‘Every single one of them has gone up’


The red hot SPAC market is getting even hotter in 2021, raising concerns about rampant speculation detached from reason that could leave retail investors fresh off the GameStop bust holding the bag.

Not only are special purpose acquisition companies raising a record level of capital — more than $30 billion so far for its biggest quarter ever — pre-merger SPACs are also seeing an outsized pop on the first day of trading.

New deals this year recorded an average jump of 6.5% on their debuts, a nearly six-fold increase from their historical levels (from 2003 to 2020, the average first-day return of SPAC IPOs is only 1.1%), according to University of Florida finance professor Jay Ritter.

“Every single one of them has gone up in price. It’s not driven by one or two outliers,” Ritter said.

Unlike traditional IPOs where debut pops are generally viewed as sign of healthy investor appetite and bullish market environment, SPAC initial rallies are less rational in nature. These blank-check companies are empty corporate shells that raise money from investors and then merge with a private business within two years, while taking it public.

So when yield-hungry investors bid up prices of blank-check deals, they are essentially taking a leap of faith betting on something without valuation or an actual business. Many believe the rise in SPAC prices could be a sign of speculative behavior in a new bull market with massive liquidity and unchecked animal spirits.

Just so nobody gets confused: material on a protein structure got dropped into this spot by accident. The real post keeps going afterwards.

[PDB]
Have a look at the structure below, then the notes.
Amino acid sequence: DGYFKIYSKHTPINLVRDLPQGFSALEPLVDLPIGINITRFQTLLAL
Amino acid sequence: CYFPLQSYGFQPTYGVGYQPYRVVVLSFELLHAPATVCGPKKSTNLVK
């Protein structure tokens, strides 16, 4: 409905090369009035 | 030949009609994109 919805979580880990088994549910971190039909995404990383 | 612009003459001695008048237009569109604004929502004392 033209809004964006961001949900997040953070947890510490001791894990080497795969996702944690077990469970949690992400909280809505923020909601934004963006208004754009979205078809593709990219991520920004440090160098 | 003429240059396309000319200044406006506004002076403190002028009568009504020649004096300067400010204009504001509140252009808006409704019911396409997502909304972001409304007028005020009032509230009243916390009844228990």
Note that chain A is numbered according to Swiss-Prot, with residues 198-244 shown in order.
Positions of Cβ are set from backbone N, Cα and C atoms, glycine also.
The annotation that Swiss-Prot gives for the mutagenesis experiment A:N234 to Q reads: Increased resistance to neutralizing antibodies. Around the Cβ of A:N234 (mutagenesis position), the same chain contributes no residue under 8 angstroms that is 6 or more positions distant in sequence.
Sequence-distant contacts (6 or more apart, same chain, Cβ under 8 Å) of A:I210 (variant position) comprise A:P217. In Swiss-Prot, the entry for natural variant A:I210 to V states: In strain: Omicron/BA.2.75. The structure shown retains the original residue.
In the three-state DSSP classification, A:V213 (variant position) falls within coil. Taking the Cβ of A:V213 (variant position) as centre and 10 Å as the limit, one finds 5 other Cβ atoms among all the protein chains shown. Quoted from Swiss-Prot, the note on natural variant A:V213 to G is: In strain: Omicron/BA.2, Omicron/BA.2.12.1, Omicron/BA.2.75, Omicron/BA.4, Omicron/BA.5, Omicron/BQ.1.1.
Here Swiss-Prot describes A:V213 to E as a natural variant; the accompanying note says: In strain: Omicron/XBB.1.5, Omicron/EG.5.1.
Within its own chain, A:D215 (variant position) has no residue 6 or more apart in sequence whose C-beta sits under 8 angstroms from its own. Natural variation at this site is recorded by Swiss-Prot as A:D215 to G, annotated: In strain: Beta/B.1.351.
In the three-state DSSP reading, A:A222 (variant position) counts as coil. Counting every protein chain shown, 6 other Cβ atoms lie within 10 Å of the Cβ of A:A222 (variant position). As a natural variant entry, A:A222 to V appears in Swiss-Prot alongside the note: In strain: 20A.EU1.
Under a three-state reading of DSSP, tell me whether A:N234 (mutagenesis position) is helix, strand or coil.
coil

“There’s a lot of money coming into the market,” said JJ Kinahan, TD Ameritrade’s chief market strategist. “That lends itself to people going outside the course of the S&P 500 or Nasdaq 100. You will continue to see this behavior just because people are looking around to see what else is there besides buying the same stocks everybody else is buying.”

Retail investors jumping in

There are signs that the SPAC boom is getting caught up in the retail trader-fueled market frenzy. Bank of America’s client flows showed that retail investors represent 46% of trading volume in SPACs on its platform in January, up from about 30% two months ago. In comparison, the retail crowd takes up only about 20% of S&P 500 trading on Bank of America’s platform.

“The speculative nature of SPACs seems to be particularly appealing to retail,” Bank of America analysts said in a note. “We definitely don’t need to remind anyone what can happen when something speculative comes on the retail radar (ahem, GameStop).”

There is an allure in getting an early piece of a SPAC deal for many retail investors eyeing high-growth start-ups. However, since the majority of individual investors buy SPAC common shares on the open market, they would most likely miss out on the first-day pop. Plus, many brokers don’t offer trading of SPAC warrants, which are a deal sweetener that offers early investors more compensation for their cash.

In fact, for buy-and-hold investors who only get in after a deal is struck, they almost always lose money.

For the 114 companies that went public via SPAC mergers in the past 10 years, investors lose 15.6% on average if they buy a merged company’s common shares on the first day of trading and hold it for a year, according to Ritter. And they lose 15.4% on average if they hold the shares for three years.

However, it’s a different story for institutional investors. Hedge funds and other players who participate in SPAC IPOs are often able to get offer pricing of $10 plus the benefit of warrants. They also tend to sell shares once the merger is completed, which could have a negative impact on prices.

“Institutional buyers figured out these are a great deal,” Ritter said. “The SPAC IPOs are essentially underpriced default-free convertible bonds. The worst they can do is $10 plus interest, and nobody has lost money.”

Competitive valuations

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